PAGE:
During an informal conversation with his biographer, Stephen Ambrose, Dwight Eisenhower once remarked that it was Andrew Higgins (1886 – 1952) who had "won the war for us". Knowing that such words do not flow from the lips of generals easily, Eisenhower went on to explain to Ambrose that if it were not for the creation of Higgin's landing crafts, the architects of the Allied victory would have had to seize the existing, and well-fortified, harbors of Europe in order to unload their invasion forces - and who knows how the island-hopping war in the Pacific would been fought?
Attached is a five page photo-essay from the Fall of 1942 about the man and his early contributions.
The Sten gun was hastily created after the catastrophic retreat from Dunkirk when it was widely believed that the invasion of England was inevitable. The British Home Guard requested an easily produced sub-machine gun that could be quickly assembled and easily used by those who have never had any firearm training whatever. Dubbed "the ten dollar gun", the Sten gun met all these requirements and more; over four million of them were manufactured throughout the Forties and although they were never used to defend the British Isles, they were parachuted en masse to the partisan armies in Europe.
The attached article is illustrated with six images and tells the story of the Sten Mark II and the small Canadian factory that produced them. Interesting stories are told and there are pictures of cute Canadian girls.
This article was written by the war correspondent Fairfax Downey (1894 - 1990) for a magazine that catered to American veterans of W.W. I, and it seemed that he simply could not contain his enthusiasm for the U.S. infantry's newest rifle: the M-1 Garand:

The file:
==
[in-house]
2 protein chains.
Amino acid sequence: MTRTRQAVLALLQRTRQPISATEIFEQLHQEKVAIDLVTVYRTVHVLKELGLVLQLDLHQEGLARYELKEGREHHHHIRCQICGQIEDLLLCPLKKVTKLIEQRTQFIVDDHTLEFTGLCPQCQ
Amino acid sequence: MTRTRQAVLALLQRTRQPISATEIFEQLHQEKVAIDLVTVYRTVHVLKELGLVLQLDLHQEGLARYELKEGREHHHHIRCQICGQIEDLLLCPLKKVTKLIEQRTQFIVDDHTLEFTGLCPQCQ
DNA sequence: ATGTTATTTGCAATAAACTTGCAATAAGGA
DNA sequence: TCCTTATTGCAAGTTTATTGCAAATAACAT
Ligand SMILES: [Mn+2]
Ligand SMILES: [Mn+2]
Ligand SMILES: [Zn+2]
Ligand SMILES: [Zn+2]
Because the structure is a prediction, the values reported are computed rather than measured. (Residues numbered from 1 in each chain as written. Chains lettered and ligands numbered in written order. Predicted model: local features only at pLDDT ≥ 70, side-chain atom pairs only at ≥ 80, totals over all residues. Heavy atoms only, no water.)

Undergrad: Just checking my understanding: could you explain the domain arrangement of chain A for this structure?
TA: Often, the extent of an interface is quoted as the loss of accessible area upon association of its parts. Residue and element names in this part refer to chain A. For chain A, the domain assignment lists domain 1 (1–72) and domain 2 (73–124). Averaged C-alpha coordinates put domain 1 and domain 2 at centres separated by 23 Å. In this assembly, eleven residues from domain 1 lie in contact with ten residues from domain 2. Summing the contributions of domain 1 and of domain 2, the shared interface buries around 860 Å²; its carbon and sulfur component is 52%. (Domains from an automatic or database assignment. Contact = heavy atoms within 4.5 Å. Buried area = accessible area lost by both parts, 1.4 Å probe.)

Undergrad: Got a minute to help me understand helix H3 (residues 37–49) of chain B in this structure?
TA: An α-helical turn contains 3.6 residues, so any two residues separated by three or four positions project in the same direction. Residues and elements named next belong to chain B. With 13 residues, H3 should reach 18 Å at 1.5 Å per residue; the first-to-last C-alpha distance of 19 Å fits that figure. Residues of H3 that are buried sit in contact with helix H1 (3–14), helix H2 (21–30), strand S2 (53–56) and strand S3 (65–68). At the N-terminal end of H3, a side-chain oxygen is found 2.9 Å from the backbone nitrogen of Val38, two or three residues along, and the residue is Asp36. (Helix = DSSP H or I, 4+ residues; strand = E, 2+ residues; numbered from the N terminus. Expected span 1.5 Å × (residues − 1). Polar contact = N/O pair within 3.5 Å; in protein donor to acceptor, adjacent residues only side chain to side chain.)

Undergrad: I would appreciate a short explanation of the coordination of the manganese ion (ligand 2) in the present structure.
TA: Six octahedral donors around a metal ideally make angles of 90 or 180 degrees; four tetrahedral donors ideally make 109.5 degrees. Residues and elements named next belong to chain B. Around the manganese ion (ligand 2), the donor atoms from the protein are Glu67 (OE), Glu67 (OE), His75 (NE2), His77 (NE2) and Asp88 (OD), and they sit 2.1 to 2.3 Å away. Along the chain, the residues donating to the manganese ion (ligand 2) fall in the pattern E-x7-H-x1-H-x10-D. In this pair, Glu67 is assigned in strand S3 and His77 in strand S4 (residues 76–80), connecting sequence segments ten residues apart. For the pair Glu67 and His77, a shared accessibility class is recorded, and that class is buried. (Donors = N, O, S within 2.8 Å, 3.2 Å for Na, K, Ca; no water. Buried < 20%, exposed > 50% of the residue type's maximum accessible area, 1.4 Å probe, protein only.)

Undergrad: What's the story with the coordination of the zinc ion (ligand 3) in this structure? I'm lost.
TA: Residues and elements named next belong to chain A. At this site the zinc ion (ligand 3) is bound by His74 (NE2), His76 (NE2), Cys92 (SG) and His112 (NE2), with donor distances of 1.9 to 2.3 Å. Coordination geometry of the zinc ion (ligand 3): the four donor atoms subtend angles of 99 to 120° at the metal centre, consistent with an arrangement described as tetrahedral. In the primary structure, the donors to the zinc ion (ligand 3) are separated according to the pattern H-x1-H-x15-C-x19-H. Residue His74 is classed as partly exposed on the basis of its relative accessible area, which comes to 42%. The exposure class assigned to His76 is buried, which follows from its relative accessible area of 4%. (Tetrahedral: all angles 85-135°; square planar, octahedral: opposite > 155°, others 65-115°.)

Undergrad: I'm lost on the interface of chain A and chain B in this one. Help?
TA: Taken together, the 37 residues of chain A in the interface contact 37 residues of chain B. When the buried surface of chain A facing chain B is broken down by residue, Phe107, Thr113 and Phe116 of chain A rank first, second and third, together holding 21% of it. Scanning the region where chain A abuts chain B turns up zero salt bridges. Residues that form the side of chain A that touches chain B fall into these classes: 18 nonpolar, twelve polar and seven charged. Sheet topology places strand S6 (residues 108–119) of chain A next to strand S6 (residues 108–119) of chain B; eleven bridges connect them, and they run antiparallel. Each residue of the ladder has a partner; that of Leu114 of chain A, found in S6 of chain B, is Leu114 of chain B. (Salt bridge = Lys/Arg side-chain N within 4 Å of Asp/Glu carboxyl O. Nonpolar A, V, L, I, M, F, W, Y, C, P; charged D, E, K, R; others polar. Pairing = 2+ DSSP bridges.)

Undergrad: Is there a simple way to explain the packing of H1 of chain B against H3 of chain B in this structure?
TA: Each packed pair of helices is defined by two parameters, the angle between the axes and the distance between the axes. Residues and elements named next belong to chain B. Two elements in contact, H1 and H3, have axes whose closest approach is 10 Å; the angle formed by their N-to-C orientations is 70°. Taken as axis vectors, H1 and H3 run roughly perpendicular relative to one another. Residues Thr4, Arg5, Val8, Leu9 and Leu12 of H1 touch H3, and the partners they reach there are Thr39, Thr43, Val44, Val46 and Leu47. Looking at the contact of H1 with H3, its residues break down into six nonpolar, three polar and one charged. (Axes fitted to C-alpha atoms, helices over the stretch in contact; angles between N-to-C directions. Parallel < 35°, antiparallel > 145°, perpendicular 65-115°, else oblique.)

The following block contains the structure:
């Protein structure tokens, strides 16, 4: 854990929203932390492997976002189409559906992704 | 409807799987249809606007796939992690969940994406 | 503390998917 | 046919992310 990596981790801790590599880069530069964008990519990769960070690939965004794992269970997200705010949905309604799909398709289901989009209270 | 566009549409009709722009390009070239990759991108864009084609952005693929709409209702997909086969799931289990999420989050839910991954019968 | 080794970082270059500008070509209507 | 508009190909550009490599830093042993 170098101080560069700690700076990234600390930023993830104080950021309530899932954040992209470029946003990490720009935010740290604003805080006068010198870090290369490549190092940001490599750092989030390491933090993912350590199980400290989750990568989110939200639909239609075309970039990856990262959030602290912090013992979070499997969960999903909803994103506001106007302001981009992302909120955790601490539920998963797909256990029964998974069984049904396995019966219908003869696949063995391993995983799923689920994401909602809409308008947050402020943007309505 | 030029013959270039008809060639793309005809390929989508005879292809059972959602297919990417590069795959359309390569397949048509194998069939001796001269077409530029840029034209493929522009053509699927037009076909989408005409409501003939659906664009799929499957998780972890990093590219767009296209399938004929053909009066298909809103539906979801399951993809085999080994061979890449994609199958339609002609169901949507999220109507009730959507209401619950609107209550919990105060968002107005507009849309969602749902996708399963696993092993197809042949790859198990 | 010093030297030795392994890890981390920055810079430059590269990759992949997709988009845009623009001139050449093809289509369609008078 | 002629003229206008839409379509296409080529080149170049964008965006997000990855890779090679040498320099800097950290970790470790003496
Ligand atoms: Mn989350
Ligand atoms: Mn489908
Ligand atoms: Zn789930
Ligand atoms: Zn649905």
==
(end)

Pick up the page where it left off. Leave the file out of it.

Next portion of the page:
"What a gun it is! Its nine pound weight swings easily through the manual of arms. The eight-round clip (three more shots than the we used to have with the '03 Springfield) slips in easily and the breech clicks closed. The old range scale slide has vanished; range and windage adjustments are made simply by turning two knobs... The new semi-automatic means, among other things, that the fire power of troops armed with it has increased at least two and a half times over the old Springfield. For the low flying aviator, bound for a grand strafe, it is a keep-off-the grass sign with heavy penalties attached."
Mention is made of the rifle's inventor, John Garand (1888 - 1974), and how his cranium came to produce this wonder weapon.
In 1939, a German spy almost succeeded in delivering the blueprints of the Garand rifle into the blood-soaked hands of his Nazi overlords: read about it here.
This is a highly amusing collection of photos depicting the seldom remembered "Para-Sheep" of the Italian Army during their adventures in Ethiopia. It would seem that Italian grunts simply would not stomach canned food the way other infantrymen were able to do at the time and so it was decided that sheep would be individually rigged with parachutes and tossed out of planes, where they would be butchered and cooked by the Mussolini's finest. The accompanying paragraph explains that even a bull had been air-dropped for the same purpose.
Take a look.
"Almost entirely [composed] of wood, Britain's Mosquito Bomber can sting the enemy out of proportion to its size and appearance. Thirty odd German cities already have felt the devastating, impressive bite of Mosquitoes in more than 150 bombing raids on the Reich."
An enthusiastic piece that informed the folks on the home front that the days of the Japanese Zero were numbered:
"Hellcat, daughter of battle, answers all the prayers of Navy pilots. She's a low-winged Navy fighter; F6F, the Navy's newest and the world's best...F6F is a ship that can fight the Jap Zero on the Zero's own terms, a plane that can stand up and slug, that can bore in with those terrible body blows."